In Numbers 19 we learn the excessive jealousy of the Lord about sin, not in the sense of guilt but defilement. This He measures by His sanctuary. We have to do with it, and nothing unclean can be allowed. We are clean every whit, but the feet-washing is needed. We belong to the sanctuary and yet are in the world, though not of it; we need to have a just estimate of both. If we but touch evil, a remedy is required. Still it is not the question of justification, but of communion. Sin hinders that—hinders my coming boldly into the holiest. How was this met? The blood of the unblemished heifer, representing Christ who knew no sin and could not be brought under its power, was sprinkled before the tabernacle seven times, that is, before the place of communion, not of atonement. The sin-offering was burnt without the camp. But the blood of the red heifer was sprinkled seven times where we meet God in intercourse. This marks the full efficacy of Christ’s blood when I meet God. The body was reduced to ashes, as Christ was judged and condemned for what I am apt to be careless about; but God is not careless, and would make me sensible of sin. Christ had to suffer for it, and it is gone; but the sight of His suffering shews me the dreadfulness of it.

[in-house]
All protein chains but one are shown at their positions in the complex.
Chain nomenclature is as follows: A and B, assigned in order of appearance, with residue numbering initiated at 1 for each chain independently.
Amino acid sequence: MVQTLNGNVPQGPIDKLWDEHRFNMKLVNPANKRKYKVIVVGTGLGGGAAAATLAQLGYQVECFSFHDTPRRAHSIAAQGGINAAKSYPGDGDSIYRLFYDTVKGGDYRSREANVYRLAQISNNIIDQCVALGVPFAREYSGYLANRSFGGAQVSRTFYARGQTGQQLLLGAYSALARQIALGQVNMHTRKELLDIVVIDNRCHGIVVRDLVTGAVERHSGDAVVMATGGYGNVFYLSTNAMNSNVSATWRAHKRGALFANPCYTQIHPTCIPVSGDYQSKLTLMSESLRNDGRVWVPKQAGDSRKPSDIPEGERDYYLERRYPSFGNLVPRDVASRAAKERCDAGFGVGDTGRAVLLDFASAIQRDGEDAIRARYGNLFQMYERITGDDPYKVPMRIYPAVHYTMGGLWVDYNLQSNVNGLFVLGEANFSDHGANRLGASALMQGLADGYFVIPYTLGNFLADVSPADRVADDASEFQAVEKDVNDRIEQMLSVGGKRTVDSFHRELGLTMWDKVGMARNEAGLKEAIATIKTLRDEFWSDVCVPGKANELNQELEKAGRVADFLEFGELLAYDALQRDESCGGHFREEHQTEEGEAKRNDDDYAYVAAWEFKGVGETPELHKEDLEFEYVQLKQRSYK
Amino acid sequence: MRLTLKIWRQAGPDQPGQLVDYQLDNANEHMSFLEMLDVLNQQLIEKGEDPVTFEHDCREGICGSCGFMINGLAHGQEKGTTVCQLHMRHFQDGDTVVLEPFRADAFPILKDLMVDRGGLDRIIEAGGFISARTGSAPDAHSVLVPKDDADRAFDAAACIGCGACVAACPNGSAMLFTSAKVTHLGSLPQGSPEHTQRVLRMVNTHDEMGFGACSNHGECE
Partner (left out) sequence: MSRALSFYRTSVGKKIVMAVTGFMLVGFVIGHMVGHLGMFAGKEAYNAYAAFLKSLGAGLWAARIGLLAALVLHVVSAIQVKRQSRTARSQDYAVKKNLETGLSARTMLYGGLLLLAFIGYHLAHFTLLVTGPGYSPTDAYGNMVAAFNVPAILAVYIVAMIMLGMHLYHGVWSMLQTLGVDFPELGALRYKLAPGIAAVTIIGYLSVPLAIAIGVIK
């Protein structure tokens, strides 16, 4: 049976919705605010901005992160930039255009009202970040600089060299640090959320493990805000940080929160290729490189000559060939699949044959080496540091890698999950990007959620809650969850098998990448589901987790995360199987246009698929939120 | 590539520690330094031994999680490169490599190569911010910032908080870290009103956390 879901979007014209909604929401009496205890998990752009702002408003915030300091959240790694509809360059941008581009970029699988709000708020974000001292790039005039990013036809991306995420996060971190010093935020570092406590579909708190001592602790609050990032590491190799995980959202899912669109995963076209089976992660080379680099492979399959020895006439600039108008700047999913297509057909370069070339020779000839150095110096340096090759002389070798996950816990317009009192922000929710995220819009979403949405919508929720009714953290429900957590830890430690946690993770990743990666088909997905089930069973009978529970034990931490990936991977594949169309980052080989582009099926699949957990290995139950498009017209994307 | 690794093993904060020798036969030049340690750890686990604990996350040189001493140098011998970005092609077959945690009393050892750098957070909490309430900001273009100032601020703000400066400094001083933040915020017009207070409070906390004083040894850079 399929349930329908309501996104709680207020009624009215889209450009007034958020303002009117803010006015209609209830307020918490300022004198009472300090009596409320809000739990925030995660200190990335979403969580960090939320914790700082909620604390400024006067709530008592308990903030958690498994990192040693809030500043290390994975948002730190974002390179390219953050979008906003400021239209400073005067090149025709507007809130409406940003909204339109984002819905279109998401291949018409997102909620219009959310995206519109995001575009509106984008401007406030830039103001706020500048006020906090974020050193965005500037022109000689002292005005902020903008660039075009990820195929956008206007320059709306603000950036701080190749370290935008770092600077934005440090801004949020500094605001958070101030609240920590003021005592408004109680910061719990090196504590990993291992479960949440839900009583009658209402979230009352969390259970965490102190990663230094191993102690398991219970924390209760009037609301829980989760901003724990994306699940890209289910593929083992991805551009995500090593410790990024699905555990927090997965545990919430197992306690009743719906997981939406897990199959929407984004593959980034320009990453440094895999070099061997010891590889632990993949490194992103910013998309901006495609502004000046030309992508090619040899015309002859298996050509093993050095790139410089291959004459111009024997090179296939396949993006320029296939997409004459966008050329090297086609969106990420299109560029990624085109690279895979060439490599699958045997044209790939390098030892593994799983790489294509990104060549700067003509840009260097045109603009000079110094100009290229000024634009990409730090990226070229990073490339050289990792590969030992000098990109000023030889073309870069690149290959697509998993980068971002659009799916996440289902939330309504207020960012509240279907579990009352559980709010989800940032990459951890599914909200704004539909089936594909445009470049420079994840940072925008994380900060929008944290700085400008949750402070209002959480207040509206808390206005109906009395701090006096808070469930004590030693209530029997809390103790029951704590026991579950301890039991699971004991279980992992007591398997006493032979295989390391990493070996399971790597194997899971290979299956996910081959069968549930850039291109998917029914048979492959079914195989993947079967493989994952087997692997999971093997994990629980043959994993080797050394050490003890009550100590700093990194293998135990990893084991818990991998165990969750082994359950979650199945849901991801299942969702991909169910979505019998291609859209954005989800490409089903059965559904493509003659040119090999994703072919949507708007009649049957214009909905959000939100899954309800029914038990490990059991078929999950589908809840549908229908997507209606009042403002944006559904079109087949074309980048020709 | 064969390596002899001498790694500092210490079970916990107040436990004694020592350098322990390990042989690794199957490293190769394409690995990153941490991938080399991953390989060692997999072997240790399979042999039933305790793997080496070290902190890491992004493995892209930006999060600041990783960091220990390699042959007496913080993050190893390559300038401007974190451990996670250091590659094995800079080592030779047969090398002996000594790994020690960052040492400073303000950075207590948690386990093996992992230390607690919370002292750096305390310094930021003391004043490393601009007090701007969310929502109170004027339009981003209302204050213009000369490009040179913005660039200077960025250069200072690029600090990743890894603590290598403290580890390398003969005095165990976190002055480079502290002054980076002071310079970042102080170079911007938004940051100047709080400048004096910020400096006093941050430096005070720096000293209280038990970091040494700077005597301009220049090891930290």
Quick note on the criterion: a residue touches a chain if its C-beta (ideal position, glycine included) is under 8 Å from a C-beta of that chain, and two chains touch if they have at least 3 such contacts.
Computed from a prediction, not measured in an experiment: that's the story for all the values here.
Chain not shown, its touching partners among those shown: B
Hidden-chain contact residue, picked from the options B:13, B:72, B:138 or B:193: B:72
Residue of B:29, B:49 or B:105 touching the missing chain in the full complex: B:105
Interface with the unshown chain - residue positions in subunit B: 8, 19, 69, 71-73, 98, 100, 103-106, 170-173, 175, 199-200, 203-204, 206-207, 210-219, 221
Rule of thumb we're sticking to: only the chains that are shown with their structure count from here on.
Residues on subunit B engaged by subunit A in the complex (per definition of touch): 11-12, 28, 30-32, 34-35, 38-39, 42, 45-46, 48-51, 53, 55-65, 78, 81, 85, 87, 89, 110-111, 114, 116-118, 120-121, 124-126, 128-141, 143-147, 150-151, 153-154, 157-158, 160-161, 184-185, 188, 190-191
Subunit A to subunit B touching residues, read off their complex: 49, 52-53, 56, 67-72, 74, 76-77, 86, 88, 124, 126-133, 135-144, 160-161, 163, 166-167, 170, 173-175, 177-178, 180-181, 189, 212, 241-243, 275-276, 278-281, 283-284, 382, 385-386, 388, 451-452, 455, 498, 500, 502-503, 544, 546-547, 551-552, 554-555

God has an eye that discerns the thoughts and intents of the heart; He would have us discern them too, and without this there can be no communion. But we do not get back into communion as quickly as we get out of it. Seven days elapsed in the type before there was full restoration. The Spirit takes and applies the ashes (that is, the remembrance of Christ’s agony, and what occasioned it), and makes us feel practical horror of sin.
When I look at my sin with horror, even in the sense of the grace which has met it, it is a right feeling, but not communion: it is a holy judgment of sin in the presence of grace. Hence, there was a second sprinkling—not on the third day, but the seventh, and then there is communion with God. We see that perfect grace alone maintains the sense of perfect holiness. The result, in the end, is that we increase in the knowledge of God, both as to holiness and love. We must have been out of communion before we sinned, or we should not have yielded. How came I to fall? Because of the carelessness which left me out of God’s presence, and exposed me to the evil without and within.